Read 2011


Message from GLOBIS & KIBOW Japan - 3

I have written a third email to 3600 friends of mine globally. I feel that it is important to show our commitment to rebuild our community.

Dear friends of GLOBIS and the KIBOW Project,

It has been over a week since the earthquake hit Japan on March 11. As I write this message, the entire country of Japan is mourning for the lost lives, supporting the survivors, and tackling with the various problems including the Fukushima nuclear power plant incident.

However, with just after a short week, lifelines in the most affected areas in the northeast are fast being rebuilt, and Tokyo and the rest of Japan are preparing to resume our normal economic activities. During the course of the week, we have witnessed the amazing collective power of this country’s people. We have seen, and expect to keep on seeing significant changes, both social and economical.

This is my third email since the devastating earthquake hit Japan. I have a lot that I want to tell you, so please bear with me.

I have major concerns on the foreign media coverage on the Fukushima Nuclear Reactor. I still live in Tokyo and GLOBIS resumed its operations since last Monday. I have compiled some analyses to show you how things really are.

1) The British Government's Chief Scientific Officer Professor John Beddington comments on the developments following the explosion at Fukushima nuclear plant.

Updated version

2) Assistant Professor Benjamin Monreal, UCSB Department of Physics, gives an overview of radioactivity and reactors.

3) "Why I’m not fleeing Japan" by Paul Blustein

Please share this email with any media you may know in your country. I am willing to participate in any kind of interview.

Thousands of people have died and millions of people are still affected by this terrible tragedy. Therefore, Japanese people are becoming gradually more sensitive towards reactions of other countries, companies and people overseas.

Lufthansa's airline's decision not to fly to Narita was a shocking one. The French government also ignited panic by evacuating all residents from the Tokyo area overseas or to Osaka. The US has been very helpful and supportive all the way after the disaster except for some disturbing comments made by Hollywood stars.

We understand that people decided to leave and business had to be shut down temporarily. But at times like these, we can all recognize who are real friends and those who are here in Japan just for their own benefit.Japan will remember your acts forever.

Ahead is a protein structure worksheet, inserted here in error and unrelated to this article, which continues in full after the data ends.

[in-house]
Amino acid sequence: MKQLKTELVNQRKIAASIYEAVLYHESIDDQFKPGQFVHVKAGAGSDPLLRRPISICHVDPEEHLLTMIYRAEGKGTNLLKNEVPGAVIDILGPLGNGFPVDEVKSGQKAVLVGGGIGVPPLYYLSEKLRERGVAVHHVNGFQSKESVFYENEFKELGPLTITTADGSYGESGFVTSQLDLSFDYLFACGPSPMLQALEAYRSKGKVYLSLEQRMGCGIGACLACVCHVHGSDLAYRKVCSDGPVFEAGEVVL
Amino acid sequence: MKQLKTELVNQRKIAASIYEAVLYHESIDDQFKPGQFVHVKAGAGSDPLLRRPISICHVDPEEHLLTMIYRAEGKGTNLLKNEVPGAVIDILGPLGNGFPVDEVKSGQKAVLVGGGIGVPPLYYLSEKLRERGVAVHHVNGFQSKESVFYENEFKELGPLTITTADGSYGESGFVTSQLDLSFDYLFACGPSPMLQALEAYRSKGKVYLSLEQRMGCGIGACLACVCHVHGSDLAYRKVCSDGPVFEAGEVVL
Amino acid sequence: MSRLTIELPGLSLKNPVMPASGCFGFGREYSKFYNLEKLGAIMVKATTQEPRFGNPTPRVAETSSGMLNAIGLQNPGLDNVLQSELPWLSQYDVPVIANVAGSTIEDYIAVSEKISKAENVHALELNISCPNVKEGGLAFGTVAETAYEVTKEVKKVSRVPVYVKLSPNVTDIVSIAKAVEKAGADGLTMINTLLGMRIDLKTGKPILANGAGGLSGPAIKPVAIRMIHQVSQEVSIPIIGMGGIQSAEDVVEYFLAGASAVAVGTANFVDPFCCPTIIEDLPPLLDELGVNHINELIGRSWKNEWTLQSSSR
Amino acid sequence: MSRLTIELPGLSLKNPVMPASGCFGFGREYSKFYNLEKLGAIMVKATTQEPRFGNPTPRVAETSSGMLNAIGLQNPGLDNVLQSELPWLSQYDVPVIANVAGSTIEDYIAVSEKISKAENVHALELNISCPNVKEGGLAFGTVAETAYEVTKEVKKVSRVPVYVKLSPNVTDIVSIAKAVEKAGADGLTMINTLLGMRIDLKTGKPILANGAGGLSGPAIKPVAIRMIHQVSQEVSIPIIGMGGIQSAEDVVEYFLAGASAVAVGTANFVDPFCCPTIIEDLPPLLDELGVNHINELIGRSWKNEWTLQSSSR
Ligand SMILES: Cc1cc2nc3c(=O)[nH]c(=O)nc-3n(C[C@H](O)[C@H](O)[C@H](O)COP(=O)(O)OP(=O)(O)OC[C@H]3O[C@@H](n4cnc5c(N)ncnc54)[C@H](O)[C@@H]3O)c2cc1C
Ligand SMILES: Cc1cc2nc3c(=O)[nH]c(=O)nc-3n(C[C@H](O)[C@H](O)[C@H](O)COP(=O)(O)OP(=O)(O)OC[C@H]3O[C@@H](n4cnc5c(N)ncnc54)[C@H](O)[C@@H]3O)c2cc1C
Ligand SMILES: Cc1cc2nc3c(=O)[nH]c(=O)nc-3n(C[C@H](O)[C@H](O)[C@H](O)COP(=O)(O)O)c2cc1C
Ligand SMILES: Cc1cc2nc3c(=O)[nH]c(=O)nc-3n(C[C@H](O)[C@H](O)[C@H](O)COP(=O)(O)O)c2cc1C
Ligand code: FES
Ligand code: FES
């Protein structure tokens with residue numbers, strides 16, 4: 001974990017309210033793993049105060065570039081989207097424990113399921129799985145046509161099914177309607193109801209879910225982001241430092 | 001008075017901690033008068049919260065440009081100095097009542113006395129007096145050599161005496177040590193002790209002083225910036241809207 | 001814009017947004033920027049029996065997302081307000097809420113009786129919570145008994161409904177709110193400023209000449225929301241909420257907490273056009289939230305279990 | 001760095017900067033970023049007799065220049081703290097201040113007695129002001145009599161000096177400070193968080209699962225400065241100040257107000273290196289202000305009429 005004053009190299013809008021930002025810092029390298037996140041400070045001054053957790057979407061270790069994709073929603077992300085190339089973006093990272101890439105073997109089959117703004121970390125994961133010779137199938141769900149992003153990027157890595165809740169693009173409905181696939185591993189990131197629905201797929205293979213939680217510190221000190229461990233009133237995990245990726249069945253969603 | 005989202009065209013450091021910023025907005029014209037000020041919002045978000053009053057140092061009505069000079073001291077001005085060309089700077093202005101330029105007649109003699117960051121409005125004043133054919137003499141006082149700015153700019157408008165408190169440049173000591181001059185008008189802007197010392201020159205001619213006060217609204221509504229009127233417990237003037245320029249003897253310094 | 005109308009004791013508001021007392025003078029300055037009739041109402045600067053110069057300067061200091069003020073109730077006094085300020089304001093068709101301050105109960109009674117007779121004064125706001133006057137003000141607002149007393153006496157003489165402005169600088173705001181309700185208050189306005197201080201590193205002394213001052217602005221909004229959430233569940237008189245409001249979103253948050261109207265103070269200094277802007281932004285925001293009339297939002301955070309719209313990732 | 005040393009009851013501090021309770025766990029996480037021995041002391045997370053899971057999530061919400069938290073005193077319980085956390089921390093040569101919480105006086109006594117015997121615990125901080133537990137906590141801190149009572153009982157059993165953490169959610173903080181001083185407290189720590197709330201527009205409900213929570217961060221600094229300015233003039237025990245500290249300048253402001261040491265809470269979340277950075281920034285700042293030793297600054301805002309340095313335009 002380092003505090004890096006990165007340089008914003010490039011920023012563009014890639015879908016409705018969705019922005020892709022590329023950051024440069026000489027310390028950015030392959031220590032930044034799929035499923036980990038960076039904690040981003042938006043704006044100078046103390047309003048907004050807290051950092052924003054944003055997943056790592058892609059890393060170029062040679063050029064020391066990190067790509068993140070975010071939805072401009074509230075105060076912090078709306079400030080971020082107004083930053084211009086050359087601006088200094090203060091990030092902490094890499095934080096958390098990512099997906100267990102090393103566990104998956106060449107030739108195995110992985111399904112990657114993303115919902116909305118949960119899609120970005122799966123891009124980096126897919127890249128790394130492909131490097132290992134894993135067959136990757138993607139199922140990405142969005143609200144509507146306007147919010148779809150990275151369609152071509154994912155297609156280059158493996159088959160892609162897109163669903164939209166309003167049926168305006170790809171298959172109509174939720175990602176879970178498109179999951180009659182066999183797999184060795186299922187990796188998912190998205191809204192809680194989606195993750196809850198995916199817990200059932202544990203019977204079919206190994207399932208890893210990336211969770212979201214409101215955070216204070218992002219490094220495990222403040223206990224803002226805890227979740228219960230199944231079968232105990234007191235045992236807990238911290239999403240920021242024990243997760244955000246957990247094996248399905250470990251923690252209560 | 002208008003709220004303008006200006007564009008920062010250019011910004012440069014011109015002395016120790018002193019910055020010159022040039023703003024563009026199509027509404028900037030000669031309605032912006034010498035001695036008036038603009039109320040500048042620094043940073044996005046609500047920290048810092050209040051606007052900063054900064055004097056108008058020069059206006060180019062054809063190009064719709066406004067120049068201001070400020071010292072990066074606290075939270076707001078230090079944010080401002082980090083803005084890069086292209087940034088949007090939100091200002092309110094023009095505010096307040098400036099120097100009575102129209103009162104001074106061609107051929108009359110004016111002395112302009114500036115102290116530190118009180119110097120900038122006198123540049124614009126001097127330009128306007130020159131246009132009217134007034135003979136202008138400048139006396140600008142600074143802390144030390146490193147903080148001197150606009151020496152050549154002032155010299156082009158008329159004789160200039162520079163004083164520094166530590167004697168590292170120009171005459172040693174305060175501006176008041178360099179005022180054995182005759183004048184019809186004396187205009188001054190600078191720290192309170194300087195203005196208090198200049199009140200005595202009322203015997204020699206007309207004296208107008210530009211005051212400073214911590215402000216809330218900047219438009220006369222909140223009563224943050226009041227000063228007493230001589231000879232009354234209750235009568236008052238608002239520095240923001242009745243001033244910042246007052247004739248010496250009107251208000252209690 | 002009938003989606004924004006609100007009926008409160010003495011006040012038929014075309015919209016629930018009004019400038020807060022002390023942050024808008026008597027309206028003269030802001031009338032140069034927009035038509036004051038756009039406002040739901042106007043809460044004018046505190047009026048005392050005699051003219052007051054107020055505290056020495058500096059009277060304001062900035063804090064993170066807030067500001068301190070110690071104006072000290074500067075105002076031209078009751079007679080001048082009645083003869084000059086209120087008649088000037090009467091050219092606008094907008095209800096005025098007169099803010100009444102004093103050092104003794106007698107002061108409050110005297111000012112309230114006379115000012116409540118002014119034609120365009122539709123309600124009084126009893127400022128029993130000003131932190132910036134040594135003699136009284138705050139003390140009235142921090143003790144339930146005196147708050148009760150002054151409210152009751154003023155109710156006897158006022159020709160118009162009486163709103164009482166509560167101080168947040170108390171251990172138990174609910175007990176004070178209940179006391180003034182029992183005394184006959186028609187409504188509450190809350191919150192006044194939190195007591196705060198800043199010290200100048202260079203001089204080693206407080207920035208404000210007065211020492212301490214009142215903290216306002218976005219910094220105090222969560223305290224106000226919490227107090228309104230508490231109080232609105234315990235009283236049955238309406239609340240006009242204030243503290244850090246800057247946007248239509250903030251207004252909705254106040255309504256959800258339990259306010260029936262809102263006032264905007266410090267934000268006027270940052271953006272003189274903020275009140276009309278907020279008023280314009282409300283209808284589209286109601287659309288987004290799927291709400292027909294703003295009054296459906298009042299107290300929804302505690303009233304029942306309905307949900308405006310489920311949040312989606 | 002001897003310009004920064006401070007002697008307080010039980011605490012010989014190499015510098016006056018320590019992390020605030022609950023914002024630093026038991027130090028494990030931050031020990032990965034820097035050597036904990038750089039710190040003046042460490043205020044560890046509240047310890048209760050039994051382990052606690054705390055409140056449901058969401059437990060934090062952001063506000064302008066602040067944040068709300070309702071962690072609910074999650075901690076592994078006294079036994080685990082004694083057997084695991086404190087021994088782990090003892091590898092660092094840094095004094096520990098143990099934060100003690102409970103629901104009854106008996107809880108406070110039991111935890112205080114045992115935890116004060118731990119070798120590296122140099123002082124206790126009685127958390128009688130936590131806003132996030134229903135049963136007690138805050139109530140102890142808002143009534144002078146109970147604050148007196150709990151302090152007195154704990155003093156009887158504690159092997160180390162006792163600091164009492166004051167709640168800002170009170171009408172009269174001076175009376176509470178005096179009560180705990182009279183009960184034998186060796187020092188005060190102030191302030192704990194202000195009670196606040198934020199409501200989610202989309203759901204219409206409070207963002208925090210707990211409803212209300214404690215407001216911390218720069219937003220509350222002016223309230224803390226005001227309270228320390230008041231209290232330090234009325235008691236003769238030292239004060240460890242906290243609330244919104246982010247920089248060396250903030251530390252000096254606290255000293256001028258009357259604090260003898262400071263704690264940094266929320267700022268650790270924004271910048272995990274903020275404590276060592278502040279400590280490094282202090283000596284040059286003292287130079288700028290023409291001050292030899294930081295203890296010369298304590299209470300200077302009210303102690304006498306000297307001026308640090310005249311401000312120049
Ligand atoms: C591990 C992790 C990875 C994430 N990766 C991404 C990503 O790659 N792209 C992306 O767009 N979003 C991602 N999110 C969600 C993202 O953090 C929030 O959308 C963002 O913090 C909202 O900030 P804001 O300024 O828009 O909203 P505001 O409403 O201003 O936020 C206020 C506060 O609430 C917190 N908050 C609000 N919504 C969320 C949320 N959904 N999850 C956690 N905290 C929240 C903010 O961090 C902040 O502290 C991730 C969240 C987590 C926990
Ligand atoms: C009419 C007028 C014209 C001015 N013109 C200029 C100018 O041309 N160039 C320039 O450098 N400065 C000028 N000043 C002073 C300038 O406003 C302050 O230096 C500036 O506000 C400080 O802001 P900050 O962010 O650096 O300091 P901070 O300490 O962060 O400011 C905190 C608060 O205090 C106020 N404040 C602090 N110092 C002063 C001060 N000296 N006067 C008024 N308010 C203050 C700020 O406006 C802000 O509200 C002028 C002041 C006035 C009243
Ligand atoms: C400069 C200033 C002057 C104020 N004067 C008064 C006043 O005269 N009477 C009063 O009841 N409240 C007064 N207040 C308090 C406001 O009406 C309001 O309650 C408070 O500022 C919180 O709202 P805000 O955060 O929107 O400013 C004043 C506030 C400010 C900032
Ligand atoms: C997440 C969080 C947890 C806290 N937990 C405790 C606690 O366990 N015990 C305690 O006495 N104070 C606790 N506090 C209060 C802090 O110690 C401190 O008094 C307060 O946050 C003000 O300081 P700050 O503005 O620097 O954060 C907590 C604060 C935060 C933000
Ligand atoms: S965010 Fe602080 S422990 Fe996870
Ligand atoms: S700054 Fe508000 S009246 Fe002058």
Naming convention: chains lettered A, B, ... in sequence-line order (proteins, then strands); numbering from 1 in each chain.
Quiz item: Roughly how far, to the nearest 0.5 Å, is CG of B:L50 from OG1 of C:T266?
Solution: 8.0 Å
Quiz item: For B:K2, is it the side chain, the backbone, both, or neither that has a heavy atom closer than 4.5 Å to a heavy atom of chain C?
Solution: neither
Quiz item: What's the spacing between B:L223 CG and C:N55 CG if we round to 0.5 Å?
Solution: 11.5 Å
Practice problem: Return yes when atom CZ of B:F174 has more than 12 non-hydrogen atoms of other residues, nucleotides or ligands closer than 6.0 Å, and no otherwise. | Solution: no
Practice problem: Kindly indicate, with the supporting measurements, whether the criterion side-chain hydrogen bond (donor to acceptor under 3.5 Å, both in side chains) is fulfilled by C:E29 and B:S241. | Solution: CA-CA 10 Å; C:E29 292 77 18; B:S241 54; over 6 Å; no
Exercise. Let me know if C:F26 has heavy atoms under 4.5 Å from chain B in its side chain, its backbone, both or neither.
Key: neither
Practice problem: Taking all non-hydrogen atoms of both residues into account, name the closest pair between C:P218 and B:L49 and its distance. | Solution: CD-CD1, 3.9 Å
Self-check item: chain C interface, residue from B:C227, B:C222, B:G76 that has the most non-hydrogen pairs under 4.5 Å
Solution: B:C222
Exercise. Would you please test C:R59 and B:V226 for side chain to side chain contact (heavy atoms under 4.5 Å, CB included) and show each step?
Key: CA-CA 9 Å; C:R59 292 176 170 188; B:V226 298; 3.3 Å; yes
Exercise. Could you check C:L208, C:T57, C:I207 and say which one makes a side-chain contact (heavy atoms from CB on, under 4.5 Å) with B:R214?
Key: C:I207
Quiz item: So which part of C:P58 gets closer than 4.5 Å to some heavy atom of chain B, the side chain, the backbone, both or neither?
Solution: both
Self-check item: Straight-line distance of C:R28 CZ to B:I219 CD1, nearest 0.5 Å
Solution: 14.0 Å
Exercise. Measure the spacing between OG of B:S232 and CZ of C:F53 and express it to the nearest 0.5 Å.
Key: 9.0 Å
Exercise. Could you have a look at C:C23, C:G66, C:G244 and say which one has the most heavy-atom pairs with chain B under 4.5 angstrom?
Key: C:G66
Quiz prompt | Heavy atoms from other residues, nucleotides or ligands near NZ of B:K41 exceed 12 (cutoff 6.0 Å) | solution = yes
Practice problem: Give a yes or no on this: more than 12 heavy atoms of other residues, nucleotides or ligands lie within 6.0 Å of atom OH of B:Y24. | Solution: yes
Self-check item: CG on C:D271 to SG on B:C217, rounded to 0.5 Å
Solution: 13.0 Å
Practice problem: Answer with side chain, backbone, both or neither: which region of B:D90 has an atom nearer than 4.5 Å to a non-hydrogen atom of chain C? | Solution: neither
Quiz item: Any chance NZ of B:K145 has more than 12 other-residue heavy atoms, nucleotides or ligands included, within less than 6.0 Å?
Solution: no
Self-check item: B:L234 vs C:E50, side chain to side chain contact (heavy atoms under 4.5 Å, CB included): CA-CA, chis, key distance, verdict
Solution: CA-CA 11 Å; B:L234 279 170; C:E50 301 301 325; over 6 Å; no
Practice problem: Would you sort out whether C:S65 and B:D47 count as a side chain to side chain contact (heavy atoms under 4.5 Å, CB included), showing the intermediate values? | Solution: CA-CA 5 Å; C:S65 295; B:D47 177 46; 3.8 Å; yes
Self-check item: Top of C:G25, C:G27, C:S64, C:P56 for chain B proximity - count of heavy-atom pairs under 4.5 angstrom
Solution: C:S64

So my friends, we would like all of you to show us you care by supporting Japan.

I keep hearing that the amount of donations coming from overseas is rather small compared to other incidents i.e. Haiti and others. Japan has always been very generous towards other countries when disasters occurred. We all hope that after this tragedy, they too can return the favor.

GLOBIS has set up a donation platform together with the KIBOW Project. I hope you are able to contribute and spread the news of this donation platform.

Thank you all for your support, Your heartfelt messages have been very encouraging, and we appreciate your continued support. We will do our utmost best to support our community and to rebuild our country.



Yoshito Hori Dean & President, GLOBIS University
Managing Director, GLOBIS Capital Partners 
Leader of KIBOW Project

Note) KIBOW stands for KIBO=Hope in Japanese+ RainBOW=bridge between Japan and the world.

Mr. Yoshito Hori established GLOBIS Management School in 1992 and GLOBIS Capital Partners in 1996. In 2003, GLOBIS started its original MBA program which, in 2006, received accreditation from the Japanese Ministry of Education and gained “university” status. GLOBIS started a part-time MBA program in English in 2009 and a full-time MBA program in English in 2012.

A Harvard MBA graduate and former Sumitomo Corporation employee, Mr. Hori founded the Entrepreneurs’ Organization (EO) Japan Chapter in 1995 and became the first board member from Asia in charge of Asia Pacific region in 1996. He also served on the World Economic Forum (WEF)’s New Asian Leaders Executive Committee and Global Agenda Council on New Models of Leadership, as well as the Harvard Business School Alumni Board from 2005 to 2008. Currently, Mr. Hori is a board member of the Keizai Doyukai (Japan Association of Corporate Executives), and serves as co-chair of WEF’s Global Growth Companies.

In 2008, he launched the G1 Summit – a Japanese version of the WEF’s annual Davos forum. This led to the foundation of G1 Summit Institute in 2013, which Mr. Hori serves as Representative Director.

Just days after a huge earthquake struck northeast Japan in March 2011, Mr. Hori launched Project KIBOW to support the rebuilding of the disaster-affected areas. The following year Project KIBOW was incorporated as the KIBOW Foundation, which Mr. Hori serves as Representative Director.

An avid enthusiast of the Japanese game Go since age 40, Mr. Hori has been Director of the Nihon Ki-in (Japan Go Association) since June 2013.

Since October 2013, Mr. Hori has hosted a weekly TV program in Japan called Nippon Mirai Kaigi (Japan Future Conference). He has authored several books including Visionary Leaders who Create and Innovate Societies, Six Dimensions of Life, and My Personal Mission Statement.

Mr. Hori received his BS in Engineering from Kyoto University and his MBA from Harvard Business School.

He is an avid swimmer and enjoys spending time with his family, especially his five sons.

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